Headline Roundup: News from the Plains

From Julesberg to Springfield, the rolling plains of Colorado’s fourth congressional district has a culture all its own. Farm and ranch communities dot the landscape – from one stop light towns to historic county seats that harken back to a bygone era of boom and bust pioneer outposts.

Today, rickety grain elevators are being replaced by wind turbines as hard scrabble dry land agricultural economies transform into money-making beacons for renewable energy.

The folks out here are much more akin to the plainspoken Midwesteners in Kansas and Nebraska than their mountain brethren. And like the rural Western Slope, the Plains always has stories to tell. The front page story in the Fort Morgan Times celebrates the career of Dr. Don Ostwald who will retire from his animal care practice on “June 1, exactly 50 years after he earned his doctorate in veterinary medicine from Colorado State University in Fort Collins.”

Ultimately, the 73-year-old said the decision to stop practicing was made partly because it became too much to suffer with his patients.

“I guess I really suffered with them,” Ostwald said. “As young men we used to be hunters; we liked to shoot stuff. Not anymore. You just don’t have the heart to kill anything anymore. Including putting animals down.

“That was getting so hard with me, I was shedding tears with every client when we had to do that.”

Photo credit: Nate Taylor, Fort Morgan Times.

In nearby Haxtun, summer bike safety is the page one priority. Dipping into the police department’s drug education fund, Police Chief Tanya Mayhew purchases bike helmets for every kindergartener and all students new to the school district, reports the Haxtun-Fleming Herald.

Last week, the department held its annual bike rodeo to teach local children road safety lessons and proper helmet fitting.

Photo credit: Jean Gray, Haxtun-Fleming Herald

Further south in sleepy Prowers County, residents beat the heat at the Lamar Days festival last week reminiscing about ice skating. Saturday marked the grand re-opening of the Big Timbers Museum that features an exhibit on the career of Lamar native and ice skating star Jinx Clark.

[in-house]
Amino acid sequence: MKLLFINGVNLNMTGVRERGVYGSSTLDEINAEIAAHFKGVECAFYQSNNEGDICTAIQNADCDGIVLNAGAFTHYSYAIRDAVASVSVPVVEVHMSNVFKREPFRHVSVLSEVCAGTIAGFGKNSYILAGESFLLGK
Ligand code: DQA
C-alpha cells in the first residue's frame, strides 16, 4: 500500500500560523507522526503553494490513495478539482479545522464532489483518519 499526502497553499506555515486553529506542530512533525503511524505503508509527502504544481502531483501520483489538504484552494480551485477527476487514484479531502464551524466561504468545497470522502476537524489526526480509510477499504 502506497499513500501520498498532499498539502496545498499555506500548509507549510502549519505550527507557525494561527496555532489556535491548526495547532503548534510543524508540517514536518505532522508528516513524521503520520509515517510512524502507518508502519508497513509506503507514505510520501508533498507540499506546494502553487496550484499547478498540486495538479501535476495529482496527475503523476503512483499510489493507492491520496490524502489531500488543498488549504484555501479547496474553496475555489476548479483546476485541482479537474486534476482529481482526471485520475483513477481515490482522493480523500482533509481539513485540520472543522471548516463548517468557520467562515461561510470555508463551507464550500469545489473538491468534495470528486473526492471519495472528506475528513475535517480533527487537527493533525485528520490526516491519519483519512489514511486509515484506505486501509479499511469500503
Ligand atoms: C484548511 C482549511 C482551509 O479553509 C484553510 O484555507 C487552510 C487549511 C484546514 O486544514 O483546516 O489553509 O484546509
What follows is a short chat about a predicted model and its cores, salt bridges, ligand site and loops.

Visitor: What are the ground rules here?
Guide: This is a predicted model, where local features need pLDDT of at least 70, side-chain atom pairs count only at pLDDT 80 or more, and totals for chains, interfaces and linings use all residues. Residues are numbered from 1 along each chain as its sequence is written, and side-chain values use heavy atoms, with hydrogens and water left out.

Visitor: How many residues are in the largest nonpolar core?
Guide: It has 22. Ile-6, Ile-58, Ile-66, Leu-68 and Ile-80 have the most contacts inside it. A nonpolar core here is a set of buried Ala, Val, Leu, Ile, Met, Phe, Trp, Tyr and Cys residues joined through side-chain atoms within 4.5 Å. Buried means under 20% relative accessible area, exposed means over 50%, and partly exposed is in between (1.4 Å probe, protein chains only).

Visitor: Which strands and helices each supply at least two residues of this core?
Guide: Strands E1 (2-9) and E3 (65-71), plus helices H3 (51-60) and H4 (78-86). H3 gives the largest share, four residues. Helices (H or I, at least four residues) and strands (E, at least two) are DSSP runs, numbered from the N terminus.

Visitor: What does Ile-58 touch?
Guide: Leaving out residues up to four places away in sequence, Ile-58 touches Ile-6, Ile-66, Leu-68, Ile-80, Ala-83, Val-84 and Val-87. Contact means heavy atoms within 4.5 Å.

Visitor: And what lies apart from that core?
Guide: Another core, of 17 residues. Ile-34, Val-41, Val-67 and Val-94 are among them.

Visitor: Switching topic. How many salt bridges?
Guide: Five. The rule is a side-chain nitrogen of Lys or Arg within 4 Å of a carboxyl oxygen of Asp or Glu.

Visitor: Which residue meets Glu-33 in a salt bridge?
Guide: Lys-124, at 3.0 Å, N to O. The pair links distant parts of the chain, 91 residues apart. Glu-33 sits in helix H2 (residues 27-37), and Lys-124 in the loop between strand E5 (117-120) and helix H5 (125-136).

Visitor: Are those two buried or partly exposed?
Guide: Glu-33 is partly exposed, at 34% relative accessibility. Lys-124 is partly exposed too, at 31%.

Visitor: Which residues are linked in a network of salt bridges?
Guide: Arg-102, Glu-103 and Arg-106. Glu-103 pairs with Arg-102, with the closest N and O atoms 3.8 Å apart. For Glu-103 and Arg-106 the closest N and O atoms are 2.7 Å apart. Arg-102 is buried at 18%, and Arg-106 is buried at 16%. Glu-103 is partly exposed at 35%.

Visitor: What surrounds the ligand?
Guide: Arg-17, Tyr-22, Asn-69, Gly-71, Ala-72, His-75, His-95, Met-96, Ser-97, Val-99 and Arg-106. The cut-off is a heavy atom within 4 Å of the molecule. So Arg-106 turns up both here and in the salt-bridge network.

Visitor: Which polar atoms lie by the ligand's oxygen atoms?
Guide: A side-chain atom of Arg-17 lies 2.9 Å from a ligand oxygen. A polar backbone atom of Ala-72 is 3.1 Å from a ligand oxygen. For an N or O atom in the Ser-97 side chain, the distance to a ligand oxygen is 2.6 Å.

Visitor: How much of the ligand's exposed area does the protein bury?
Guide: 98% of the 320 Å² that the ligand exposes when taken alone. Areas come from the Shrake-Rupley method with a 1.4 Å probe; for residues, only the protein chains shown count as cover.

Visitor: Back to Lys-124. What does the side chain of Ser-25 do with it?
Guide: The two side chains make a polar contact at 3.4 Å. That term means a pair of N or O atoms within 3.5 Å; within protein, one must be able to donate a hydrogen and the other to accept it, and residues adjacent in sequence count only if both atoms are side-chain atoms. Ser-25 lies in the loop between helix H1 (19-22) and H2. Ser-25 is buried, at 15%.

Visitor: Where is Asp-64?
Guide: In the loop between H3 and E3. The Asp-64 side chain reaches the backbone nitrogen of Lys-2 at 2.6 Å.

From the Lamar Daily News:

Over 220 visitors flowed through the museum in its first two hours of operation following an extensive remodeling which has closed the museum for the past three months. The museums’ nationally-acclaimed World War I poster exhibit, rare Civil War battle flag, Worth-designed Victorian-era wedding dress and other major exhibits have been joined by memorabilia donated by Clark’s relatives, which include a scrapbook of her skating programs and press clippings and Christmas ornaments made from trims taken from some of her skating costumes.

Clark, who was a featured star of Holiday on Ice, began her career touring with Olympic athlete and Hollywood movie star Sonja Henie in the mid-1940s. From the early 1990s until her death earlier this year, she was curator at Big Timbers Museum.

An apparent crime spree of federal proportions in rural Adams and Elbert counties has the I-70 Scout taking notice.

According to Director of Aviation Dennis Heap, approximately $12,000 worth of equipment was stolen from the [Front Range] airport last month. The equipment was part of emergency markers used by general aviation facilities across the Front Range.

“Officials from the Greeley airport came down to pick up the markers and when we went over to storage to get them, we found that there was several pieces of equipment from the signs and their generators that had been taken,” Heap said. “Whoever it was knew what they were doing, because the markers were covered back up and some primary generation and lighting equipment was taken. It’s very frustrating; it makes you want to wring some peoples’ necks.”

In addition, Heap said non-airport use of dumpsters and dumping of other trash on roads surrounding the airport and on airport property is increasing.

The paper also reported a break-in at the Agate Post Office earlier in the month. A postal inspector would not release details about the crime while the investigation continues. A $2,000 reward is offered for information leading to the arrest and conviction of suspects.

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